Chatsworth Lumber Co. v. WhiteAnnotate this Case
214 Ga. 798 (1959)
107 S.E.2d 827
CHATSWORTH LUMBER COMPANY v. WHITE.
Supreme Court of Georgia.
Argued February 9, 1959.
Decided March 6, 1959.
*799 Pittman, Kinney & Pope, H.E. Kinney, Charles A. Pannell, for plaintiff in error.
John D. Edge, contra.
1. The grant of temporary alimony for the support of minor children in stated monthly payments "until further order of the court" is effective only during pendency of the divorce proceeding; and, upon final judgment, payments of temporary alimony cease by operation of law. Pace v. Bergquist, 173 Ga. 112, 113 (1) (159 S. E. 678). See also Holleman v. Holleman. 69 Ga. 676; Osborne v. Osborne, 146 Ga. 344 (91 S. E. 61); and Black v. Black, 150 Ga. 672 (104 S.E. 775). A judgment awarding temporary alimony for the support of minor *800 children contemplates provision for the children pending a final judgment in the divorce proceeding. ". . . temporary alimony, whether for the wife or the children, can be claimed only in connection with a valid suit for divorce or for permanent alimony." Fauver v. Hemperly, 178 Ga. 424 (2,3) (173 S. E. 82). See also Stallings v. Stallings, 127 Ga. 464 (1) (56 S.E. 469, 9 L.R.A. (NS) 593). Upon abandonment of the suit for divorce or for permanent alimony by the wife, she would no longer be entitled to enforce the judgment for temporary alimony previously rendered, except as to instalments then due and unpaid. Fauver v. Hemperly, supra. Similarly, the death of one of the parties to the divorce suit would cause the suit to abate automatically, an action for divorce being of a purely personal nature.
In the case at bar, the death of the wife before final judgment in the divorce suit necessarily terminated the suit; and the decree awarding the wife a stated sum to be paid monthly for the support of the children, being dependent upon the divorce suit, abated with the suit. "Inasmuch as the death of either party to a divorce suit before decree abates the divorce proceedings, this effect must extend to whatever is identified with those proceedings." 1 Am. Jur. 83, § 110. "Upon the death of the mother to whom the allowance was directed to be paid, the decree becomes ineffective, the husband's duty to support the child then becoming absolute." 27 C. J. S. 1252, § 323 (d).
2. "After suit for divorce has been filed, no transfer by the husband of the property, except bona fide in payment of preexisting debts, shall pass title so as to avoid the vesting thereof according to the final verdict of the jury in the cause.. ." Code (Ann.) § 30-112. This section should be strictly construed since it is a restraint upon the alienation of property by the owner. Lamar v. Jennings, 69 Ga. 392; Stephens v. Stephens, 168 Ga. 630, 639 (1) (148 S. E. 522). The statute contemplates the rendition of a final verdict by the jury in the suit for divorce, and does not contemplate that the restraint against alienation shall continue after rendition of such verdict is no longer possible. This section is operative only on conveyances made by the husband during the pendency of the divorce suit. Stephens v. Stephens, supra.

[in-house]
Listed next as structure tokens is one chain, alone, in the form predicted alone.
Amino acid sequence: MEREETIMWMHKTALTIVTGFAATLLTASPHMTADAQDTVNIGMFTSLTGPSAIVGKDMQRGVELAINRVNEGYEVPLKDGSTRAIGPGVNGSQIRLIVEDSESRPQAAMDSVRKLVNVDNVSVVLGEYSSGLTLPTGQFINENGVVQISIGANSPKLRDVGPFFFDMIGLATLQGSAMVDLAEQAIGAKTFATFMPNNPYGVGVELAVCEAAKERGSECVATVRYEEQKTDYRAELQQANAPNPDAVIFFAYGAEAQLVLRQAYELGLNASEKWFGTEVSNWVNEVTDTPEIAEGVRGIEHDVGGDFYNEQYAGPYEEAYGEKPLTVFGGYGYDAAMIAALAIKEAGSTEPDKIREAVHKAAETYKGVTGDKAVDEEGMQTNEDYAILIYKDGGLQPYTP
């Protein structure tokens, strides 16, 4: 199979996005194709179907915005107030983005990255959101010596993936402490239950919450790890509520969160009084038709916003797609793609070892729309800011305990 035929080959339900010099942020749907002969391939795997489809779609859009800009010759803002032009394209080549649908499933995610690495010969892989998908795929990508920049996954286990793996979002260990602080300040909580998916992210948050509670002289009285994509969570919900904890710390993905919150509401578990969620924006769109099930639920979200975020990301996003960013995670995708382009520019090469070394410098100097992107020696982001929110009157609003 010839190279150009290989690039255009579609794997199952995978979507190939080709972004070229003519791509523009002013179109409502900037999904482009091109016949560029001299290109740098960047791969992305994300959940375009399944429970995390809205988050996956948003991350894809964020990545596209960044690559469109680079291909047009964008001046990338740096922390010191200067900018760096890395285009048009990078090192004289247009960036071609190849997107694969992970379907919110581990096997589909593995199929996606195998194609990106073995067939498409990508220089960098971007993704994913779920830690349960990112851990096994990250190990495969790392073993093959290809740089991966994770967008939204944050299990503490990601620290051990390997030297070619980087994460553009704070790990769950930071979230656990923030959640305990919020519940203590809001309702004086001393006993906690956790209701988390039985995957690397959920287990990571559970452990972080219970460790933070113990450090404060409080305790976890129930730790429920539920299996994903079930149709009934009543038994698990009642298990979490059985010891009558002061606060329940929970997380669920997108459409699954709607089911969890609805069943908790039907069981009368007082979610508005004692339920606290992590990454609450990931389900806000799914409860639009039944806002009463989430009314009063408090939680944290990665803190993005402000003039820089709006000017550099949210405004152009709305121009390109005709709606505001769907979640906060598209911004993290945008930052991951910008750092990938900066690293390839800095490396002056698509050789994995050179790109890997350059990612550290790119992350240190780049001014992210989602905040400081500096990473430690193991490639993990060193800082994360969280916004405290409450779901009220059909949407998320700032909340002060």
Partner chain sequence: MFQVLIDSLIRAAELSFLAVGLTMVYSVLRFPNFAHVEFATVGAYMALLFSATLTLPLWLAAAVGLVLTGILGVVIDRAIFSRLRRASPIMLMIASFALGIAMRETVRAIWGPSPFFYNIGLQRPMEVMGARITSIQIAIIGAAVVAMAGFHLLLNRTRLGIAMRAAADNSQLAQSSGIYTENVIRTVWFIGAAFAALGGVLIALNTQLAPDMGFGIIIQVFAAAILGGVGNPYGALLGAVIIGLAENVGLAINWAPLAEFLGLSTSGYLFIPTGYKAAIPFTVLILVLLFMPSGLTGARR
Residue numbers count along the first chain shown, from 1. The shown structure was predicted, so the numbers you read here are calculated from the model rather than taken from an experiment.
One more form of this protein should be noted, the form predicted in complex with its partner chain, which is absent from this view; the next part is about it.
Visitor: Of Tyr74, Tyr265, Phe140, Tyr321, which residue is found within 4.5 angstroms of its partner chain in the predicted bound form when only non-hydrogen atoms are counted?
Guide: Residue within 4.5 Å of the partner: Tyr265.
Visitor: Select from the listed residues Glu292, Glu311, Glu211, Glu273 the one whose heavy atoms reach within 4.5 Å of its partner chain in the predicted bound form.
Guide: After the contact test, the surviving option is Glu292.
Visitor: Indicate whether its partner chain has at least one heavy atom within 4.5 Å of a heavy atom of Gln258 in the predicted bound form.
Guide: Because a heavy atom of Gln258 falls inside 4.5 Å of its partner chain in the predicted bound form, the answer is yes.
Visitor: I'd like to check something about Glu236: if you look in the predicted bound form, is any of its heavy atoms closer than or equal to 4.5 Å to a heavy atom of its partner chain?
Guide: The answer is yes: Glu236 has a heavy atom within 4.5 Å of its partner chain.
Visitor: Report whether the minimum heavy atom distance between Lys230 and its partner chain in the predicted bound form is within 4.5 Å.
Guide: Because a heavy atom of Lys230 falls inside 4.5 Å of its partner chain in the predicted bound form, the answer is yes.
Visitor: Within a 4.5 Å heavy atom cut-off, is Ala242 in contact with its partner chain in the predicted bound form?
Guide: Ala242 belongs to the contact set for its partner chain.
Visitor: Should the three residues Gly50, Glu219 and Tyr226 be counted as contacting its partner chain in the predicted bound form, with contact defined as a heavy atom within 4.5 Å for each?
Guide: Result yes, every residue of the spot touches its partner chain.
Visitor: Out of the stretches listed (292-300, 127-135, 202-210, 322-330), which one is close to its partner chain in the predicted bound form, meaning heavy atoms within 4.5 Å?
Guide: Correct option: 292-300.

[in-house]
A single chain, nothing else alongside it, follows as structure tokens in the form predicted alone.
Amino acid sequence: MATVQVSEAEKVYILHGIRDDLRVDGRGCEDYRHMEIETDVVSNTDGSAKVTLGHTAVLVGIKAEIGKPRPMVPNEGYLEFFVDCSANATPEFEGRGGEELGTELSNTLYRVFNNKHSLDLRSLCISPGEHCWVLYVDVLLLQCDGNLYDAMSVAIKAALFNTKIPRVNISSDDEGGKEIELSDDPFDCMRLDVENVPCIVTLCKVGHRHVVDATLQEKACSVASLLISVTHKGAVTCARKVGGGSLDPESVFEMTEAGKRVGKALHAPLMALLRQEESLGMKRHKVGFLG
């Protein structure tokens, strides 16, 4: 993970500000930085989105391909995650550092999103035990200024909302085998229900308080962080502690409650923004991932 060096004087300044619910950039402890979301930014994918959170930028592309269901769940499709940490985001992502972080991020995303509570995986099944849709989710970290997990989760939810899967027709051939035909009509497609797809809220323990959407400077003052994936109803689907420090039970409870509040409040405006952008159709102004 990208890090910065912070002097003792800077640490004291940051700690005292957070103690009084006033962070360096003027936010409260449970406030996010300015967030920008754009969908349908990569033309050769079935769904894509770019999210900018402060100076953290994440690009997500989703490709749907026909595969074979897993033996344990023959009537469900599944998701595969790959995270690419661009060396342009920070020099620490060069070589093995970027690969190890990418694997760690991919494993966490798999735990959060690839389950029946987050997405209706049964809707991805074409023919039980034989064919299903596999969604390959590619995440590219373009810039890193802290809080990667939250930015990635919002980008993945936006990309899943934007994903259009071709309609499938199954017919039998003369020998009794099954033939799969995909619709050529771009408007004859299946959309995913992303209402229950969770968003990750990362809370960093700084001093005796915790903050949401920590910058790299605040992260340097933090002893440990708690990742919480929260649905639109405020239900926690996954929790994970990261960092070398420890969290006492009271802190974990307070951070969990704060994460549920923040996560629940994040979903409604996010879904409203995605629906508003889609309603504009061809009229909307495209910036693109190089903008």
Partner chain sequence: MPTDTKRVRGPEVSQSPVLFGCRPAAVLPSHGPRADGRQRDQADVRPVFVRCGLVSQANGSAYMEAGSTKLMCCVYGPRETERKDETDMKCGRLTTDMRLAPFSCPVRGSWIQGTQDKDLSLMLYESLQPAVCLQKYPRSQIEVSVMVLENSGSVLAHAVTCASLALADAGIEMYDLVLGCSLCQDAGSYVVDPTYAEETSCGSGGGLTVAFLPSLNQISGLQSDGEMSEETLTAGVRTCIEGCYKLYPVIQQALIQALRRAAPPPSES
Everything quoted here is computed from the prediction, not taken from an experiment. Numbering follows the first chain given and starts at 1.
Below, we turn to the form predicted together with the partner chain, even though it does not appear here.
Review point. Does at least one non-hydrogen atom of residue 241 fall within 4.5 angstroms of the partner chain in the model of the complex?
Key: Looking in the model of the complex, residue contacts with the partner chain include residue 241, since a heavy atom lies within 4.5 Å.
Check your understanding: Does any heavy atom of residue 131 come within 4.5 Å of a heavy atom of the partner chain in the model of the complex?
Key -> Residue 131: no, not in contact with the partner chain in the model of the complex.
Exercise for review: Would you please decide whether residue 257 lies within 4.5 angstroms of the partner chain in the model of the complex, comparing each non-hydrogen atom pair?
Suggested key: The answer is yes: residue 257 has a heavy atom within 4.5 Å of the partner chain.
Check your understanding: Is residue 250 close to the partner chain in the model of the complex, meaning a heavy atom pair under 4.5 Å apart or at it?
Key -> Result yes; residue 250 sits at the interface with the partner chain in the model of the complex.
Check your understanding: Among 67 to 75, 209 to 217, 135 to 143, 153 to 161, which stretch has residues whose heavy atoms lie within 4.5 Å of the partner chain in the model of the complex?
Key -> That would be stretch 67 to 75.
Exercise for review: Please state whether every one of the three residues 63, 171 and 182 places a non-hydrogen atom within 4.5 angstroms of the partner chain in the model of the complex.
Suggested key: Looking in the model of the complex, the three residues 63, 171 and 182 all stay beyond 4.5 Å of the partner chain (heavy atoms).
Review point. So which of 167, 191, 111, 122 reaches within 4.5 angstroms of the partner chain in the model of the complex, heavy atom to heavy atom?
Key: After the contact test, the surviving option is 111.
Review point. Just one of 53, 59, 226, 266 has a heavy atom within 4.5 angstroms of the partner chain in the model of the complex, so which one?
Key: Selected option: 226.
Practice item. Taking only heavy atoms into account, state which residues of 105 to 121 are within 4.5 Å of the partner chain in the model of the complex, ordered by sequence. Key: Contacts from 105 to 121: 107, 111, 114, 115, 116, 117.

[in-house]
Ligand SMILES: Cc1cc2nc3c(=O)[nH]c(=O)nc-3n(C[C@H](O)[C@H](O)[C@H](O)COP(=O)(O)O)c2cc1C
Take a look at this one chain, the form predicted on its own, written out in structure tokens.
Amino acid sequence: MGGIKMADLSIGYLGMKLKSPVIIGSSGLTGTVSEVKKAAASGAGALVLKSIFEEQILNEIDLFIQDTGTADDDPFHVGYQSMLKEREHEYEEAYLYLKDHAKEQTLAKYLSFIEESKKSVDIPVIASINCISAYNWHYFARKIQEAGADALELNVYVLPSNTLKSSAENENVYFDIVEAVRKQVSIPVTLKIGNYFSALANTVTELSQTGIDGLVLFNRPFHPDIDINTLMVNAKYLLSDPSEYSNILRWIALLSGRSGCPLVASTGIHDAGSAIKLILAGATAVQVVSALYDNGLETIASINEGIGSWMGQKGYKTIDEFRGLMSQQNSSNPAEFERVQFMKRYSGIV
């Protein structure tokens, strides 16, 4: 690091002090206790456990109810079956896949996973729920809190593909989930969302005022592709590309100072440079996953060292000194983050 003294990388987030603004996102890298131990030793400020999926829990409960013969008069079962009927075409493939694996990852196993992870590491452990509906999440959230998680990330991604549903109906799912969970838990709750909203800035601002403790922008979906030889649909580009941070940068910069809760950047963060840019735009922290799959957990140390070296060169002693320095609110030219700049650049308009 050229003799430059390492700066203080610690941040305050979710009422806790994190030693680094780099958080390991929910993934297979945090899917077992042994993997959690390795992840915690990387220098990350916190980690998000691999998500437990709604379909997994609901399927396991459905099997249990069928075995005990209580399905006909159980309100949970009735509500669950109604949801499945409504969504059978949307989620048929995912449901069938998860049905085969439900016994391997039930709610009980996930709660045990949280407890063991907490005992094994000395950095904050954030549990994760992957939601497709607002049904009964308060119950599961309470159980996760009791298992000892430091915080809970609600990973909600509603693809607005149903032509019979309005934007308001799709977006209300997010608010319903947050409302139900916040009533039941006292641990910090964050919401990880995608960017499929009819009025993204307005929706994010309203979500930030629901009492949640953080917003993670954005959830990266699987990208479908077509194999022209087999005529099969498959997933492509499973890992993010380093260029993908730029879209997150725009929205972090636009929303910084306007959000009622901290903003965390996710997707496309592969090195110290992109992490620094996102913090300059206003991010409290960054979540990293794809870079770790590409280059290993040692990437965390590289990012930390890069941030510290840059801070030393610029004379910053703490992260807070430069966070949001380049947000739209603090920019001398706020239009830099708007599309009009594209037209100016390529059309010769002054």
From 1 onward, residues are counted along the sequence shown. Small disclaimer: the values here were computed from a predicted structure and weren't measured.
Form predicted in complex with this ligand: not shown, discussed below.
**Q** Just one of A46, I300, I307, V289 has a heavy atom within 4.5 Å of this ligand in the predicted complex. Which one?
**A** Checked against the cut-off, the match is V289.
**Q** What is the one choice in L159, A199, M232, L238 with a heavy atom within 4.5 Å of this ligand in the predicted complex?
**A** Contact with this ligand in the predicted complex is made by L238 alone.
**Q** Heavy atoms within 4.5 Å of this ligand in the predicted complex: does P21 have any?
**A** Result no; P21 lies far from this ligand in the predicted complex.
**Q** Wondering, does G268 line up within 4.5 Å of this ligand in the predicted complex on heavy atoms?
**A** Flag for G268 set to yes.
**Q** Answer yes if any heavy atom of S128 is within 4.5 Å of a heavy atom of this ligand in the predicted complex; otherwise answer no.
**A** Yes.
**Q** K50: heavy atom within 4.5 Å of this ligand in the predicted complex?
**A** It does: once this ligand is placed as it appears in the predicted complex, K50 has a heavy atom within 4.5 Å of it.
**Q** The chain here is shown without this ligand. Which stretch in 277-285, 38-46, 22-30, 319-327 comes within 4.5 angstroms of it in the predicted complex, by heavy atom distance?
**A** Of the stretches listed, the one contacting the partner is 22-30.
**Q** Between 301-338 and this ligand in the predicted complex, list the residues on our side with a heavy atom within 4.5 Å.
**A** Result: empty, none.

*801 "It is necessary to have a correct understanding of the meaning of the term `lis pendens,' and of its object, in order to make a correct application of the rule. The courts as well as the legal profession have often employed the term in a way tending to mislead and confuse. `Lis means an action, a suit, a cause, a controversy. Pendens is the present participle of pendo, meaning continuing or pending.' Bennett on Lis Pendens, § 2. Lis pendens, therefore, means a pending suit. `The sole object of lis pendens is to keep the subject in controversy within the power of the court until the judgment or decree shall be entered, and thus make it possible to give effect to the decrees and judgments of courts of justice.' Id. § 12. `The foundation of the doctrine of lis pendens does not rest upon notice, actual or constructive; it rests solely upon necessity, the necessity that neither party to the litigation should alienate the property in dispute so as to affect his opponent.' Id. p. 78." Cook v. Hendricks, 146 Ga. 63, 66 (90 S. E. 383).
The suit for divorce filed by Mrs. White against her husband in 1943 having abated upon her death in December, 1943, there could be no verdict in the divorce suit, as contemplated by Code (Ann.) § 30-112, and there was no longer any restraint upon the alienation of the husband's property. At the time Chatsworth Lumber Company purchased subject land from the husband in 1946, there was no suit for divorce pending, no lis pendens. Therefore, the decree for temporary alimony to support the children being dependent on a pending suit for divorce, the trial judge erred in overruling the plea in abatement and motion to dismiss and in ordering that the fi. fa. proceed against the property.
Judgment reversed. All the Justices concur.